Article

Early impairment of gut function and gut flora supporting a role for alteration of gastrointestinal mucosa in human immunodeficiency virus pathogenesis.

Division of Infectious Diseases, Department of Internal Medicine, San Gerardo Hospital, University of Milano-Bicocca, Via Solferino 16-20052, Milan, Italy.
Journal of clinical microbiology (Impact Factor: 4.16). 03/2008; 46(2):757-8. DOI: 10.1128/JCM.01729-07
Source: PubMed

ABSTRACT Our results show that impairment of the gastrointestinal tracts in human immunodeficiency virus (HIV)-positive patients is present in the early phases of HIV disease. This impairment is associated with alterations in gut microbiota and intestinal inflammatory parameters. These findings support the hypothesis that alterations at the gastrointestinal-tract level are a key factor in HIV pathogenesis.

0 Bookmarks
 · 
108 Views
  • Source
    [Show abstract] [Hide abstract]
    ABSTRACT: HIV causes rapid CD4+ T cell depletion in the gut mucosa, resulting in immune deficiency and defects in the intestinal epithelial barrier. Breakdown in gut barrier integrity is linked to chronic inflammation and disease progression. However, the early effects of HIV on the gut epithelium, prior to the CD4+ T cell depletion, are not known. Further, the impact of early viral infection on mucosal responses to pathogenic and commensal microbes has not been investigated. We utilized the SIV model of AIDS to assess the earliest host-virus interactions and mechanisms of inflammation and dysfunction in the gut, prior to CD4+ T cell depletion. An intestinal loop model was used to interrogate the effects of SIV infection on gut mucosal immune sensing and response to pathogens and commensal bacteria in vivo. At 2.5 days post-SIV infection, low viral loads were detected in peripheral blood and gut mucosa without CD4+ T cell loss. However, immunohistological analysis revealed the disruption of the gut epithelium manifested by decreased expression and mislocalization of tight junction proteins. Correlating with epithelial disruption was a significant induction of IL-1β expression by Paneth cells, which were in close proximity to SIV-infected cells in the intestinal crypts. The IL-1β response preceded the induction of the antiviral interferon response. Despite the disruption of the gut epithelium, no aberrant responses to pathogenic or commensal bacteria were observed. In fact, inoculation of commensal Lactobacillus plantarum in intestinal loops led to rapid anti-inflammatory response and epithelial tight junction repair in SIV infected macaques. Thus, intestinal Paneth cells are the earliest responders to viral infection and induce gut inflammation through IL-1β signaling. Reversal of the IL-1β induced gut epithelial damage by Lactobacillus plantarum suggests synergistic host-commensal interactions during early viral infection and identify these mechanisms as potential targets for therapeutic intervention.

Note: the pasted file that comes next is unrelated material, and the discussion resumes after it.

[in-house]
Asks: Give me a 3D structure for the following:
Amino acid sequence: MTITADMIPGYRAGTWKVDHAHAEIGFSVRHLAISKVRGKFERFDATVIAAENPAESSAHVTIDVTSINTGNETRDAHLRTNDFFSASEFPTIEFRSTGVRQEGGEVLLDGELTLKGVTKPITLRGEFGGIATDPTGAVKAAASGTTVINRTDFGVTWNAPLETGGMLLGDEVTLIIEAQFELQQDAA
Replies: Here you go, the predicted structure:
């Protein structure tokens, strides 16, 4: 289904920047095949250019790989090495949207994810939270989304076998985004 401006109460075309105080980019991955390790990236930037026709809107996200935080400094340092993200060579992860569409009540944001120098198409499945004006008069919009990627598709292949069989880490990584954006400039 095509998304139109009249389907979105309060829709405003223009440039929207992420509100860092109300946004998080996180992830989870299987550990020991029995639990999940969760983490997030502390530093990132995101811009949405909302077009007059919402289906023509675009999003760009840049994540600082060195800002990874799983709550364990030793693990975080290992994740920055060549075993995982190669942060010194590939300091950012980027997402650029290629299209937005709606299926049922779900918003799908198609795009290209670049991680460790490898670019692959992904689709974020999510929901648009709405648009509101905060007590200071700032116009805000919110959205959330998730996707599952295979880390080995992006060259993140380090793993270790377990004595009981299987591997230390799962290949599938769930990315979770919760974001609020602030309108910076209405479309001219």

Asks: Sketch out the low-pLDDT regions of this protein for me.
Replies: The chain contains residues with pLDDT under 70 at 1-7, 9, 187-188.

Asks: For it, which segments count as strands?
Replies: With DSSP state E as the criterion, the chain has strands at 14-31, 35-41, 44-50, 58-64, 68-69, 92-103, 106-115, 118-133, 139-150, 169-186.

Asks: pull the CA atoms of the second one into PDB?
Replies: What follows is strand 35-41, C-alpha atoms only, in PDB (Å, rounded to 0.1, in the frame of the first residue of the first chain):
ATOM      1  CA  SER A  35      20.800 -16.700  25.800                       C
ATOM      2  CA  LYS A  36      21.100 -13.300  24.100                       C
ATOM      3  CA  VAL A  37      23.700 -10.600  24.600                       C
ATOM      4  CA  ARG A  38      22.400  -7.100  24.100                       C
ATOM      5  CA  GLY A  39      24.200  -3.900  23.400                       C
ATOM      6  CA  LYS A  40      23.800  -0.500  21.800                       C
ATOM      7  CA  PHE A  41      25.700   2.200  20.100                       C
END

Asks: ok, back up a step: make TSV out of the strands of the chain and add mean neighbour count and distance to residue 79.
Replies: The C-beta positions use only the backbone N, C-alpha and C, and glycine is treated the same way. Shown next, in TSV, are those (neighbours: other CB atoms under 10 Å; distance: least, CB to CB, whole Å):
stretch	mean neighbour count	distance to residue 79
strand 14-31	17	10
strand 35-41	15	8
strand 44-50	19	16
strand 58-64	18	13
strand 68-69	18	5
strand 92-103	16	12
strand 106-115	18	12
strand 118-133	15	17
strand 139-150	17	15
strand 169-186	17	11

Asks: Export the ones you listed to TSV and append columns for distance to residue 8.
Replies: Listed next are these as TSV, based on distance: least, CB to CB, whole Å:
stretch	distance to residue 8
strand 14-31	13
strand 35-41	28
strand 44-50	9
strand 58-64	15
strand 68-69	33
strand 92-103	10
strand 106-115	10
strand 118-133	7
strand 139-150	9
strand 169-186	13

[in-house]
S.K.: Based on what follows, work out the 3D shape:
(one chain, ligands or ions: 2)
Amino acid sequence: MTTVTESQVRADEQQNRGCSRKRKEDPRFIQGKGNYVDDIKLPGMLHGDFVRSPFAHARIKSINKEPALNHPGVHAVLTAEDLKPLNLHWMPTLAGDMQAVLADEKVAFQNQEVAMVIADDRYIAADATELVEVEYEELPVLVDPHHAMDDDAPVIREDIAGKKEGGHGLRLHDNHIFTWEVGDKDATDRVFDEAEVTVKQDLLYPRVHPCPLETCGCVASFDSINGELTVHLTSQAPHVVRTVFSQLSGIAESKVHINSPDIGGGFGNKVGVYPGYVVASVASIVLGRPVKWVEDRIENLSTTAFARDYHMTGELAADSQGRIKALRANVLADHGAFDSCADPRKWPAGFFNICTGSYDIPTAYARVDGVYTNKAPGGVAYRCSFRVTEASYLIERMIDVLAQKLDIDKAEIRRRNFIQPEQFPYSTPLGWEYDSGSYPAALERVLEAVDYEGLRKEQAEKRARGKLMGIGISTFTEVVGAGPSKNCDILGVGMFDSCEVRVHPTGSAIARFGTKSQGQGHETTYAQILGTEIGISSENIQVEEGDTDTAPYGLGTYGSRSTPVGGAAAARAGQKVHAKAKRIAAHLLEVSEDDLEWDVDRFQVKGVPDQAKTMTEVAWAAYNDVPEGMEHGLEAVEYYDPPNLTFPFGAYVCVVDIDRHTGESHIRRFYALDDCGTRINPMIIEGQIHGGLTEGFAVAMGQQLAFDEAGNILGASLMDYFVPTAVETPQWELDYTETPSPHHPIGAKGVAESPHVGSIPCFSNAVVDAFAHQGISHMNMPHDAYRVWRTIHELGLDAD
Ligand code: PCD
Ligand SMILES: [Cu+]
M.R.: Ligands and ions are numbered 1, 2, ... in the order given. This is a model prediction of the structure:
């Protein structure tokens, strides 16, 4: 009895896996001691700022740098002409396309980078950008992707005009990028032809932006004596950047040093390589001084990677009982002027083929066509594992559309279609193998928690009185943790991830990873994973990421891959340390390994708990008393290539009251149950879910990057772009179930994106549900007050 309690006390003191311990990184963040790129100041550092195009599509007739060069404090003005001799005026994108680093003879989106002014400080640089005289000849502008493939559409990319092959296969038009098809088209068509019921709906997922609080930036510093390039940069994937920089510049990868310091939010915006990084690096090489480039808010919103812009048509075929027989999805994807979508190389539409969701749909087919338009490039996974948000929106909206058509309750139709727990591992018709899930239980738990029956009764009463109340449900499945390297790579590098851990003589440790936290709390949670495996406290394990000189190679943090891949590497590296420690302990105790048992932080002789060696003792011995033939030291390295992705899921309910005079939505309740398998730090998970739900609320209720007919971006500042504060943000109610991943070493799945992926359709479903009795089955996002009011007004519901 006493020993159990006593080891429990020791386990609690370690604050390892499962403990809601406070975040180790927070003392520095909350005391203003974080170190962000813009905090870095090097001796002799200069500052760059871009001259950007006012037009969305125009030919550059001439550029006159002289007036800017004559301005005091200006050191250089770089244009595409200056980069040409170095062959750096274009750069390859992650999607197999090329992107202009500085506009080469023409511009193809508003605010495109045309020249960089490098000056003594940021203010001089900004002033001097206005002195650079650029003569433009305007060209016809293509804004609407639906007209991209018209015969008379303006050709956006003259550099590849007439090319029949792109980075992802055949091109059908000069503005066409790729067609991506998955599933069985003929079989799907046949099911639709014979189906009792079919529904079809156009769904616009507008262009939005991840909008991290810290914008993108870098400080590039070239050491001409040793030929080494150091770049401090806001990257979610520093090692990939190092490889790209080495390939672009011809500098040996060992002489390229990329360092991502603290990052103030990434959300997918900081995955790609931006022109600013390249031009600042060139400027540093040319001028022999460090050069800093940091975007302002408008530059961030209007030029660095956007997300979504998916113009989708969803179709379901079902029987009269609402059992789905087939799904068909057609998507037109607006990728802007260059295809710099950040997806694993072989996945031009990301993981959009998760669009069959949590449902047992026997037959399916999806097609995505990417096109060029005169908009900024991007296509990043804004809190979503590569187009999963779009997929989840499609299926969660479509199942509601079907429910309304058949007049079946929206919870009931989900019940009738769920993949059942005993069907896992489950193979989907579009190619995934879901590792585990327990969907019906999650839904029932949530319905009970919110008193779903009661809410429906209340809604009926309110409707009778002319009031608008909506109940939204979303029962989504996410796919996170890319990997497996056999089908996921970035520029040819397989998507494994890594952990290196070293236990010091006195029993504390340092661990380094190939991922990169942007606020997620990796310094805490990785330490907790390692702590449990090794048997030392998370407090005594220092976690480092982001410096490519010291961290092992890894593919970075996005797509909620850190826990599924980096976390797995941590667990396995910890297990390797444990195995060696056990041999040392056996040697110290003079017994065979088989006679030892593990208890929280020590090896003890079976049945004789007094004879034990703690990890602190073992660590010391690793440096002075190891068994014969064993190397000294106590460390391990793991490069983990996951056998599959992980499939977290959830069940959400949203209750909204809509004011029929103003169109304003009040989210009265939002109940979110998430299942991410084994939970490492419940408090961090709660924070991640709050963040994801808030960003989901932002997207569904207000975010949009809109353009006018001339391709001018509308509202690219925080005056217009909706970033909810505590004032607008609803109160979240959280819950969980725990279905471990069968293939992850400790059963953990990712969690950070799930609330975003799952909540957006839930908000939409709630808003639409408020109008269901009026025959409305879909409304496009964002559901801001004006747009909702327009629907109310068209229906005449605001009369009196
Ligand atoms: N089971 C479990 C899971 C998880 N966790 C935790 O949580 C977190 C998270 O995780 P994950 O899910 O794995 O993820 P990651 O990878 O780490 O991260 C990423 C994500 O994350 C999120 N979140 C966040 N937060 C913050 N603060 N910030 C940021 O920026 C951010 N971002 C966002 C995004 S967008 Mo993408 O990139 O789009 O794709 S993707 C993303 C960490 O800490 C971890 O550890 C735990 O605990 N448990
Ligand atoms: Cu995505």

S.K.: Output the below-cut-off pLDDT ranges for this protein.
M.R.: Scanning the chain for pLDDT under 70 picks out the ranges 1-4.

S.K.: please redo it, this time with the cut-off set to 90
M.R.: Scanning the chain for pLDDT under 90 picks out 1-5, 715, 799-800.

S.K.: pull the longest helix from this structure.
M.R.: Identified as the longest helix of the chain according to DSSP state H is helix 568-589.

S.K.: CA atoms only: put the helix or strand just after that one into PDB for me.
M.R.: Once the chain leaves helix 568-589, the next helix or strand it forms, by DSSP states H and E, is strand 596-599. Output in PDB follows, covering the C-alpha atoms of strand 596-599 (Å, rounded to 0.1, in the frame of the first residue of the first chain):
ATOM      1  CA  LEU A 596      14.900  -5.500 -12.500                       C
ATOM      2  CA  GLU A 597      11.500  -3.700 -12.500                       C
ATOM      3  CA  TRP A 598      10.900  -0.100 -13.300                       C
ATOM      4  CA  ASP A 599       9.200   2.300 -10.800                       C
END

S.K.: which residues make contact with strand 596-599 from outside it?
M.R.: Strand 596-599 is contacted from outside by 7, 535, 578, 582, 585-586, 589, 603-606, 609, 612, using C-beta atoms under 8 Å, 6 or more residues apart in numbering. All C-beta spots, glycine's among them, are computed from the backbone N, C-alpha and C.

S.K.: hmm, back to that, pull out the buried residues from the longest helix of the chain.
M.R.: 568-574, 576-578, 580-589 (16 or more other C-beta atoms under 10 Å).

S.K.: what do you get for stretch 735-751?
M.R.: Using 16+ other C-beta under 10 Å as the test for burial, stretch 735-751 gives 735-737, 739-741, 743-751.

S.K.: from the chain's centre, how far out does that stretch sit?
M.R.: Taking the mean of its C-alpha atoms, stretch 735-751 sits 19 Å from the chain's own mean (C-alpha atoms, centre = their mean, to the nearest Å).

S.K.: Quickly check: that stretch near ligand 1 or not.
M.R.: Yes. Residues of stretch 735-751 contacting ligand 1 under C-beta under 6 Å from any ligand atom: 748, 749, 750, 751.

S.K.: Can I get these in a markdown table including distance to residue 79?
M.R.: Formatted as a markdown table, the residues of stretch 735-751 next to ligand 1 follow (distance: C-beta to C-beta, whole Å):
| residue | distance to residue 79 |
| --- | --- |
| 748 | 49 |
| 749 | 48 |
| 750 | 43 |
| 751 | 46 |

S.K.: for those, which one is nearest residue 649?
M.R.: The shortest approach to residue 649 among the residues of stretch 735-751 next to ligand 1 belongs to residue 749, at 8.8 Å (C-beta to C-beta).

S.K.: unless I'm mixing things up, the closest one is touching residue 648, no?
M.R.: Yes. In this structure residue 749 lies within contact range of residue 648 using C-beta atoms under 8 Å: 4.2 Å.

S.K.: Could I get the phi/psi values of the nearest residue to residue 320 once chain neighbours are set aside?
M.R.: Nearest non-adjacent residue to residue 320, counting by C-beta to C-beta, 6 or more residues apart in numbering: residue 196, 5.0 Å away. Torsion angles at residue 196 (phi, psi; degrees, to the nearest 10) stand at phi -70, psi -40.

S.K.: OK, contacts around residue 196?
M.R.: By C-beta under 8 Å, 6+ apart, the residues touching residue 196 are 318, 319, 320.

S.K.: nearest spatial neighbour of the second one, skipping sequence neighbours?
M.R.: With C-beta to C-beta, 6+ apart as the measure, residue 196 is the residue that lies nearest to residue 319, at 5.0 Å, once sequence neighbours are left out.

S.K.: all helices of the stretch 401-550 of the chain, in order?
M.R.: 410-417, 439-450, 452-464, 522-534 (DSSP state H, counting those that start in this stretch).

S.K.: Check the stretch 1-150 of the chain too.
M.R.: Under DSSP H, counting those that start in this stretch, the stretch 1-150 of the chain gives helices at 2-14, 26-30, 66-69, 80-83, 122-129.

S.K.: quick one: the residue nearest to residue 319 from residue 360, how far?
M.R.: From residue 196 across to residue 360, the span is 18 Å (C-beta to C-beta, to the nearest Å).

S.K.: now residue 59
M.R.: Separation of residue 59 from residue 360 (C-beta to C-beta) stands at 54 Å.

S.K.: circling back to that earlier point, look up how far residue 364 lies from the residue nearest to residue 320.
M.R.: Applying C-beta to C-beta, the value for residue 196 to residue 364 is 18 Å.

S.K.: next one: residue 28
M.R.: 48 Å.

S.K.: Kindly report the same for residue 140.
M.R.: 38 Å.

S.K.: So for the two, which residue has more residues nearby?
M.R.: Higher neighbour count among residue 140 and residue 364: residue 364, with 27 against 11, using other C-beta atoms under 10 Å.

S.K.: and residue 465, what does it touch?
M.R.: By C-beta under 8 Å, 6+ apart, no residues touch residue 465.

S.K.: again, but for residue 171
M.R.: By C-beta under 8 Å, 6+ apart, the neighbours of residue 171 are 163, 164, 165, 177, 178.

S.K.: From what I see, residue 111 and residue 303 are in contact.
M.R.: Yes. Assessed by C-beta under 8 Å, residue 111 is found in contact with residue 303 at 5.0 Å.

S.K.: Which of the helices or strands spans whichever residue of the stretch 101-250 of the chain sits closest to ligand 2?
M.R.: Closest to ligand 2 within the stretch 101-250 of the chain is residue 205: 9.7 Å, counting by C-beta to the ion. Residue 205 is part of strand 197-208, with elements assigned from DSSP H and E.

PLoS Pathogens 08/2014; 10(8):e1004311. · 8.14 Impact Factor
  • Source
    [Show abstract] [Hide abstract]
    ABSTRACT: Survival rates among HIV patients have significantly improved since the introduction of antiretroviral therapy (ART) in HIV management. However, persistent disease progression and clinical complications in virally suppressed individuals point to additional contributing factors other than HIV replication; microbial translocation is one such factor. The role of underlying commensal microbes and microbial products that traverse the intestinal lumen into systemic circulation in the absence of overt bacteraemia is under current investigation. This review focuses on current knowledge of the complex microbial communities and microbial markers involved in the disruption of mucosal immune T-cells in the promotion of inflammatory processes in HIV infections. Unanswered questions and aims for future studies are addressed. We provide perspective for discussing potential future therapeutic strategies focused on modulating the gut microbiota to abate HIV disease progression.
    Gastroenterology research and practice. 01/2014; 2014:803185.
  • Source
    [Show abstract] [Hide abstract]
    ABSTRACT: Current pathogenetic aspects on HIV infection highlight the importance of a chronic immune activation ultimately leading to T lymphocyte homeostasis disruption and immune deregulation associated with disease manifestations and progression. It is widely accepted that this continuous immune activation in HIV infection is principally driven by the phenomenon of pathological microbial translocation (MT).
    Infection 07/2014; · 2.44 Impact Factor

Full-text (2 Sources)

Download
33 Downloads
Available from
May 26, 2014